Just after dusk, Uncle Nick came striding, wild-eyed, into the library. I stood, looking past him for any sign of Aunt Natalie. There was none. I rushed into his arms, buried my face in his chest and sobbed as he hustled me home.
We became a team that night, Uncle Nick and me, and we’re a good one.
Over the next few weeks, we talked for hours, about vampires, about his long life and history, and about the vampire who'd both created and tormented him. Lucien LaCroix had also made Aunt Natalie into a vampire, just a few years after my dad died.
Uncle Nick told me that LaCroix came to visit while I was away on my sleepover. He and Uncle Nick argued and fought over Aunt Natalie. There was some long-standing disagreement between them, and Aunt Natalie was in the middle of it. They fought, and Uncle Nick lost. LaCroix had left Uncle Nick beaten and bloody and taken Aunt Natalie away from us.
LaCroix knew Uncle Nick would need blood desperately in order to heal from his injuries. He also knew about me. He knew I was mortal, that I was away overnight, and that I would return in the morning. LaCroix left Uncle Nick without another source of blood to feed from (We found the broken “wine” bottles in the garbage bin the next night.). He probably hoped that Uncle Nick would drain me in his blind and urgent need for blood, thus reinforcing his continuing "lesson" that a vampire should have nothing to do with mortal lives, other than ending them. Unbelievable, until it was explained it to me. Hard to believe, even then, but I now know it to be true.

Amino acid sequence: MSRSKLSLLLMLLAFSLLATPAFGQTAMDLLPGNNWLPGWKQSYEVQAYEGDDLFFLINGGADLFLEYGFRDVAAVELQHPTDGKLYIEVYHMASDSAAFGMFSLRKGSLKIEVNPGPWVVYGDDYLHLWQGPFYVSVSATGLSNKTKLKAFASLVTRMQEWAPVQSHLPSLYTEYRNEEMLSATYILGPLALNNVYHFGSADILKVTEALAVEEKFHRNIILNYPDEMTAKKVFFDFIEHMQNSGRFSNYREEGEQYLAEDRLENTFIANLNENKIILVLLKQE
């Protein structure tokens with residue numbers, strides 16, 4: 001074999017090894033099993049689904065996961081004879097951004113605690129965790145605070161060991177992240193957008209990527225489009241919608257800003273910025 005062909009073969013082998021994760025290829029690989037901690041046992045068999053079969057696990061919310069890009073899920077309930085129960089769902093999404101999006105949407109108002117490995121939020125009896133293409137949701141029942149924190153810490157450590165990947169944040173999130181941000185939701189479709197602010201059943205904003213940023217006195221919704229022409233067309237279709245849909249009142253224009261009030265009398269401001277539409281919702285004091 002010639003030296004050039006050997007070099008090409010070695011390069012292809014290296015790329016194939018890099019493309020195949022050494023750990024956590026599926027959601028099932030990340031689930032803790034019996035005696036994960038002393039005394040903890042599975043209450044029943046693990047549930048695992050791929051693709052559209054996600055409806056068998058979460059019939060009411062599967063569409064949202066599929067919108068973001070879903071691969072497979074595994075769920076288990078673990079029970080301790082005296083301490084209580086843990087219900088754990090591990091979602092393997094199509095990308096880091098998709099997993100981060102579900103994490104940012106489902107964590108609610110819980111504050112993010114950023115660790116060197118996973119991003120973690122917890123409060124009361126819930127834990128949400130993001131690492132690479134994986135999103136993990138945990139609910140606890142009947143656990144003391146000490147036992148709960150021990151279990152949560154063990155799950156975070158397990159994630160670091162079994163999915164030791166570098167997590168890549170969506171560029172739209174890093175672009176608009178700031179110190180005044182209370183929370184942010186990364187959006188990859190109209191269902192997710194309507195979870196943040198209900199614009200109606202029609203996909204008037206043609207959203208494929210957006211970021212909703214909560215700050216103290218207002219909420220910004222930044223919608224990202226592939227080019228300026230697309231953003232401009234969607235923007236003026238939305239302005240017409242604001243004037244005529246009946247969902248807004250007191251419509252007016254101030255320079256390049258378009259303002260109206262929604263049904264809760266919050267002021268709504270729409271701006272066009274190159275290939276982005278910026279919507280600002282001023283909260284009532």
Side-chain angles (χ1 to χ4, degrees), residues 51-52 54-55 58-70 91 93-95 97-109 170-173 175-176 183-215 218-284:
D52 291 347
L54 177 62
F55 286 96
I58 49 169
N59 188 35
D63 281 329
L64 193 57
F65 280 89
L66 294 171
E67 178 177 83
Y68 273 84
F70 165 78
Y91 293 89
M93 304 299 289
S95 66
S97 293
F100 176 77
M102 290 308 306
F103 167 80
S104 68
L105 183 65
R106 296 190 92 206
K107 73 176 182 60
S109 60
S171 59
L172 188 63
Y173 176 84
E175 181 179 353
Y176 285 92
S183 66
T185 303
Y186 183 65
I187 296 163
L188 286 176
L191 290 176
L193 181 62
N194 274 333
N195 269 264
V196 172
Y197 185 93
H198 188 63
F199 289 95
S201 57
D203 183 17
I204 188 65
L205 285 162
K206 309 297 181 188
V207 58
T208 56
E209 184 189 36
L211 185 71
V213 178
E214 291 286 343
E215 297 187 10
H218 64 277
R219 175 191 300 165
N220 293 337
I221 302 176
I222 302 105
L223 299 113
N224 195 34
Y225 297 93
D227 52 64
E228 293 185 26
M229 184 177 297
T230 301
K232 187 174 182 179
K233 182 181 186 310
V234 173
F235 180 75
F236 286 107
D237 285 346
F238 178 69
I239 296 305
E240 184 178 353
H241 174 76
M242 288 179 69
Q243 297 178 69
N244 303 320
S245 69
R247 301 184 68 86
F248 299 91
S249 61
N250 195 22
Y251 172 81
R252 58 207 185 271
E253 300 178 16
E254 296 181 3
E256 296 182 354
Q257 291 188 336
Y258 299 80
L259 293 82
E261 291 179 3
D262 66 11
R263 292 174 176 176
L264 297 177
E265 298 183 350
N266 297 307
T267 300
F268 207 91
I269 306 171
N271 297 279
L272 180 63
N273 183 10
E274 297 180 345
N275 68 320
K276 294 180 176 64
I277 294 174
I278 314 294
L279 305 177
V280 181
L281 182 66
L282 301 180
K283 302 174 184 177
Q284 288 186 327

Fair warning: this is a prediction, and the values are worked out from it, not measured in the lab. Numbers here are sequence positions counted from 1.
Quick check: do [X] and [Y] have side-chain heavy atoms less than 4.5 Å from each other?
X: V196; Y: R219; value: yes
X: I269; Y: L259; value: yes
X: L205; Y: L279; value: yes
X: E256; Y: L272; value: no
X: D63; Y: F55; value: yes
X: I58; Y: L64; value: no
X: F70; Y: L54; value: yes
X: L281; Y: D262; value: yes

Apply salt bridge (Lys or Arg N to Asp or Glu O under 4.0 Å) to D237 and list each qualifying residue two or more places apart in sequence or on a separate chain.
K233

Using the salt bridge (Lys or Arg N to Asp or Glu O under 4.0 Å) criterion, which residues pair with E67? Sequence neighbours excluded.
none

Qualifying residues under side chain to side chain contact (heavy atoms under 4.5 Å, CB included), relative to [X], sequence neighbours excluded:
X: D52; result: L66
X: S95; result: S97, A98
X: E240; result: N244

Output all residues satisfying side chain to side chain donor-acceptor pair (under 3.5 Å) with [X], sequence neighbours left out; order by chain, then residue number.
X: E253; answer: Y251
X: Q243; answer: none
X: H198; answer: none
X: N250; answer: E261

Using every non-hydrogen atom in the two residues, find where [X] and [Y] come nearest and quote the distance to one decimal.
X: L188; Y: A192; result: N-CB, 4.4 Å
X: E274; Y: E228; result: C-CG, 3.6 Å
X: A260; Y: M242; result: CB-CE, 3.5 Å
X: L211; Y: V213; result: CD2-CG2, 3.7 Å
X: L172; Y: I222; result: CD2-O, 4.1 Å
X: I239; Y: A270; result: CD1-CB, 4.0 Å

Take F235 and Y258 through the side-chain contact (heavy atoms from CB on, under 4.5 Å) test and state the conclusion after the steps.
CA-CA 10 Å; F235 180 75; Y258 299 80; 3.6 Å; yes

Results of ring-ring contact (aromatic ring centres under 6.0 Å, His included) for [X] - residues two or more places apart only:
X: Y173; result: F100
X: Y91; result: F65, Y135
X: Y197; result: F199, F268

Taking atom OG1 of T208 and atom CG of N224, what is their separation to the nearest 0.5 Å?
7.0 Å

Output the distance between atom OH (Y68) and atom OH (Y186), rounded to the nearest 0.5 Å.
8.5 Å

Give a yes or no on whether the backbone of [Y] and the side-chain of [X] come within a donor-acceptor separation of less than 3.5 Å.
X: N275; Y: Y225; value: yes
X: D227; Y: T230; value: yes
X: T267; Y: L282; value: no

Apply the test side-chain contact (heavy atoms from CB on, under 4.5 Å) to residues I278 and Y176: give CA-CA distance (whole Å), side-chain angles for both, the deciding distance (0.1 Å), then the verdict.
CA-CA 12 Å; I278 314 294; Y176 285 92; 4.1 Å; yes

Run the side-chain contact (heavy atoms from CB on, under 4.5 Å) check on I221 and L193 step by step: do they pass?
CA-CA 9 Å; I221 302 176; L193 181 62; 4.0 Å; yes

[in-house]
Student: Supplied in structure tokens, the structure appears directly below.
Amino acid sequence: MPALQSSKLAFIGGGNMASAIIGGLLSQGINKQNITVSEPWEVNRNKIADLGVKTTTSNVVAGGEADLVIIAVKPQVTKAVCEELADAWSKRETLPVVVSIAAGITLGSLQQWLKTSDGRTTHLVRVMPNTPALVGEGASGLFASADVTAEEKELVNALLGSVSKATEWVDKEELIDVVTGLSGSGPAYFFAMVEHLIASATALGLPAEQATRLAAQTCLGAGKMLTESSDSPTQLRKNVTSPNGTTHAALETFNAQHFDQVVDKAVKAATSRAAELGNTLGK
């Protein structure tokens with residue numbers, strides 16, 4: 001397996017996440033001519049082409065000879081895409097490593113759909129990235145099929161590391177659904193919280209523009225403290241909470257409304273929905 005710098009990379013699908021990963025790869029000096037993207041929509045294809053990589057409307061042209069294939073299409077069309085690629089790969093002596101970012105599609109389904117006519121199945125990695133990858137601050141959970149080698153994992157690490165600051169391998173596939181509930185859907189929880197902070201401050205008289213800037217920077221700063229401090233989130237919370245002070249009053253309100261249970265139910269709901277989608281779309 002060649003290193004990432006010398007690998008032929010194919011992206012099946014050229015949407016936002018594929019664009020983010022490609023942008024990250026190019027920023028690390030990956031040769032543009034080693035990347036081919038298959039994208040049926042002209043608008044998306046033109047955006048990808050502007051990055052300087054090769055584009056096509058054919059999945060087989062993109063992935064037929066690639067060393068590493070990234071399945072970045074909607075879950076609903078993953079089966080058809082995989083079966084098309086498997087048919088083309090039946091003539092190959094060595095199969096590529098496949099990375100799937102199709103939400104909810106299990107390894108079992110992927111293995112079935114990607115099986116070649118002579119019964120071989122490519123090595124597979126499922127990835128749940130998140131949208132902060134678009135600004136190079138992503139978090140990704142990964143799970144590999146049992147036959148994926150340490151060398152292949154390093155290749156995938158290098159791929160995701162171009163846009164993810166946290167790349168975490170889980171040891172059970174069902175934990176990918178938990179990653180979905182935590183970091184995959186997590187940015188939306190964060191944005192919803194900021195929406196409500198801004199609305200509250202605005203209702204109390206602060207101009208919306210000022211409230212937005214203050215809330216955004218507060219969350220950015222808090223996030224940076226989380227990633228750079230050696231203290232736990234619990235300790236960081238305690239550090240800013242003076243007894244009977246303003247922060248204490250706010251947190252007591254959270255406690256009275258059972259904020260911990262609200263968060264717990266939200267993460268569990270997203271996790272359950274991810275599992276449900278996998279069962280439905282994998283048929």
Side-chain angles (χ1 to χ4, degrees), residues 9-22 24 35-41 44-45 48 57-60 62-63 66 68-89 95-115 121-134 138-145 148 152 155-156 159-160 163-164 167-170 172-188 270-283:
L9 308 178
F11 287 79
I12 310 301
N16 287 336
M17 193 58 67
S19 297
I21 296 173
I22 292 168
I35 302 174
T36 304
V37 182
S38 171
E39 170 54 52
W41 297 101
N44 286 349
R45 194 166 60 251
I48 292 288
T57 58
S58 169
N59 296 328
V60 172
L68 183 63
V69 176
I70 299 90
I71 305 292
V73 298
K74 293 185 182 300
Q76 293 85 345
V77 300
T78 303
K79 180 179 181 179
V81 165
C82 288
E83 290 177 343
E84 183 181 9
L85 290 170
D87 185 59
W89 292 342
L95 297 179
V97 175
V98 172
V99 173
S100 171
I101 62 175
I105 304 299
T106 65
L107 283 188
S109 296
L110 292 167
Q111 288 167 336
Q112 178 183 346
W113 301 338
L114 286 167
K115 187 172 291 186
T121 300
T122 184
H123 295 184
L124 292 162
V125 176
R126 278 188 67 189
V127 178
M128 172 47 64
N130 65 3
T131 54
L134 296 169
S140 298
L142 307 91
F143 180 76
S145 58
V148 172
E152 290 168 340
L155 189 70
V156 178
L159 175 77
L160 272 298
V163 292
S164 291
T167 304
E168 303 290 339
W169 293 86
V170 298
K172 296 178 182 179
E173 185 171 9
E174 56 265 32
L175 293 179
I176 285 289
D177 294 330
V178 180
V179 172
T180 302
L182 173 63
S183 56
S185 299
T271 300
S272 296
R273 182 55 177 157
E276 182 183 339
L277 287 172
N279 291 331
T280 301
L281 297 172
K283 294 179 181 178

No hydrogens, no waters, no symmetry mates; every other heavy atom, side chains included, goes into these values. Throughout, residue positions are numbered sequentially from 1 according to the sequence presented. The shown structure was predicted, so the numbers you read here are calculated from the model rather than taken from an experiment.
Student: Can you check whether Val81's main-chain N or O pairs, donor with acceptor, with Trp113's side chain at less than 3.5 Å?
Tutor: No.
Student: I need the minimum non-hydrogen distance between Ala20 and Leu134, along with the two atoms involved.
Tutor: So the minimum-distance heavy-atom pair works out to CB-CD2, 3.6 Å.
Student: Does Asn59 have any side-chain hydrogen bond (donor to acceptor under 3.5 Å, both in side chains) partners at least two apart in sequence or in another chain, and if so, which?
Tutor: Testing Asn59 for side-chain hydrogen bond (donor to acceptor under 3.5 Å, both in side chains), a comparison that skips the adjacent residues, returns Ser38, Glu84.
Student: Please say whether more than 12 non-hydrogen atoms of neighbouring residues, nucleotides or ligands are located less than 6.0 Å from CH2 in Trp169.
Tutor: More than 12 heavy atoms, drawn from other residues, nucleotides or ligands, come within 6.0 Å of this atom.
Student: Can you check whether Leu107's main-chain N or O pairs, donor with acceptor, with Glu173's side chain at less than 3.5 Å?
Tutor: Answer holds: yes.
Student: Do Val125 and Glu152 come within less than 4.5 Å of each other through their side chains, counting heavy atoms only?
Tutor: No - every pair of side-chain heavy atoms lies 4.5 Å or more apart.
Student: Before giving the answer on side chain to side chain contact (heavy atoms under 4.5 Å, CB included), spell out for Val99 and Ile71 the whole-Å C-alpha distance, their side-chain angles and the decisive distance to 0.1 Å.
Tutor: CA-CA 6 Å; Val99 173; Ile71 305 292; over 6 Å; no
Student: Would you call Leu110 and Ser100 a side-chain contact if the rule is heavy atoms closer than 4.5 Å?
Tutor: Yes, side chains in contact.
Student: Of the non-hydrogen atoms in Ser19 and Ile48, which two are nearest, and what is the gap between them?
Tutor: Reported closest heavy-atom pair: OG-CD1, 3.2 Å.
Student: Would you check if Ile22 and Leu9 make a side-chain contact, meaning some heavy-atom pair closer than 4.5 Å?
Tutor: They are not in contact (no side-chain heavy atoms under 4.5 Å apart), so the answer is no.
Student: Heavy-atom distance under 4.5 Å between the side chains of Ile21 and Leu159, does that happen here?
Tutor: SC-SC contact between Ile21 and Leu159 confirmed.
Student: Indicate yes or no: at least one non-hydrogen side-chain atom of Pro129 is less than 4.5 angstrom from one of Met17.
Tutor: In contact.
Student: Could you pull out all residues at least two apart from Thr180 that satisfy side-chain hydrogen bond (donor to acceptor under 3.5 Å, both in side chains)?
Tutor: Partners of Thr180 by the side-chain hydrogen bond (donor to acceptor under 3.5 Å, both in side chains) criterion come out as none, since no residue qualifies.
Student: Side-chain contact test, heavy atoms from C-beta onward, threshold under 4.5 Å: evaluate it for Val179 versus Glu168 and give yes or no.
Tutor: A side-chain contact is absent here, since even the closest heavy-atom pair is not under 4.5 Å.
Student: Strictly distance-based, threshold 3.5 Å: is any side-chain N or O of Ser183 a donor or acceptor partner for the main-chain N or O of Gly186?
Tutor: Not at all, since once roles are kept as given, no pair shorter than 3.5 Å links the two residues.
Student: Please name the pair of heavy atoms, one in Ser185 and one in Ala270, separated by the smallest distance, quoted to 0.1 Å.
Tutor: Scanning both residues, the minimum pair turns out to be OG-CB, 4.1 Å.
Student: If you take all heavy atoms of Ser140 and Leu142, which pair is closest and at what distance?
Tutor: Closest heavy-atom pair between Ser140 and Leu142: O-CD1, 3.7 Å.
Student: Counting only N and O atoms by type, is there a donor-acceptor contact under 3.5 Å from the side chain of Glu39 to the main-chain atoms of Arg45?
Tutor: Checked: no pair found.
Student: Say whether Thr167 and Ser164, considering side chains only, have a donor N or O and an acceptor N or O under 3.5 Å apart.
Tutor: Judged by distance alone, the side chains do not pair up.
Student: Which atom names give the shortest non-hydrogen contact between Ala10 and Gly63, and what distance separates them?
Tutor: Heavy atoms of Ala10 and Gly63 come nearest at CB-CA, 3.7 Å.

Uncle Nick also told me about the Code, and about those who enforce it. He told me that the vampire who creates another vampire has complete power over him or her, no matter how long they live. That part of the Code allowed LaCroix to take Aunt Natalie away from us. There was no trace of her, and we had no leads to help us find her. There was no way to tell if she were among the unliving or the dead. There was no one he could complain to, no one who would help us against LaCroix. We were on our own. There was more to the Code, though. Some rules affected me. No mortals are allowed to know the truth about vampires, without consequences. These were some of the rules Uncle Nick and his kind lived by, and which would now govern whether I lived or died.
We did our best to maintain the illusion of my ignorance. Aristotle was the only other vampire to know the truth. He had to, under the circumstances. Aristotle is a gem among vampires. His expertise in creating new identities and lives for vampires is well-known and respected by everyone in the “community.” The most remarkable feature of his services is that he never, and I mean never, reveals the new identity or the relocation information of his clients. Not even to LaCroix. Only rarely has he provided his services to mortals, but he did for me. He arranged new identities for me and enrolled me in a series of boarding schools. He was always listed as my emergency contact, and sometimes I spent school breaks with him when I wasn’t traveling with Uncle Nick, who was always quietly searching for Aunt Natalie and LaCroix. I kept in close touch with him. He became family, in a way.
In time, I graduated from University, double majoring in history and Romance languages. After graduation, Uncle Nick and I started searching for Aunt Natalie full time. I handled everything that could only be done by day, protecting Uncle Nick from the deadly sun, and he took the night shift. We went all over the world, following what leads we could find. We co-authored a travel advice blog aimed at amateur historians who wanted to get off the beaten path. It had a moderate following. That was our “cover story.” All we really wanted was to find Aunt Natalie.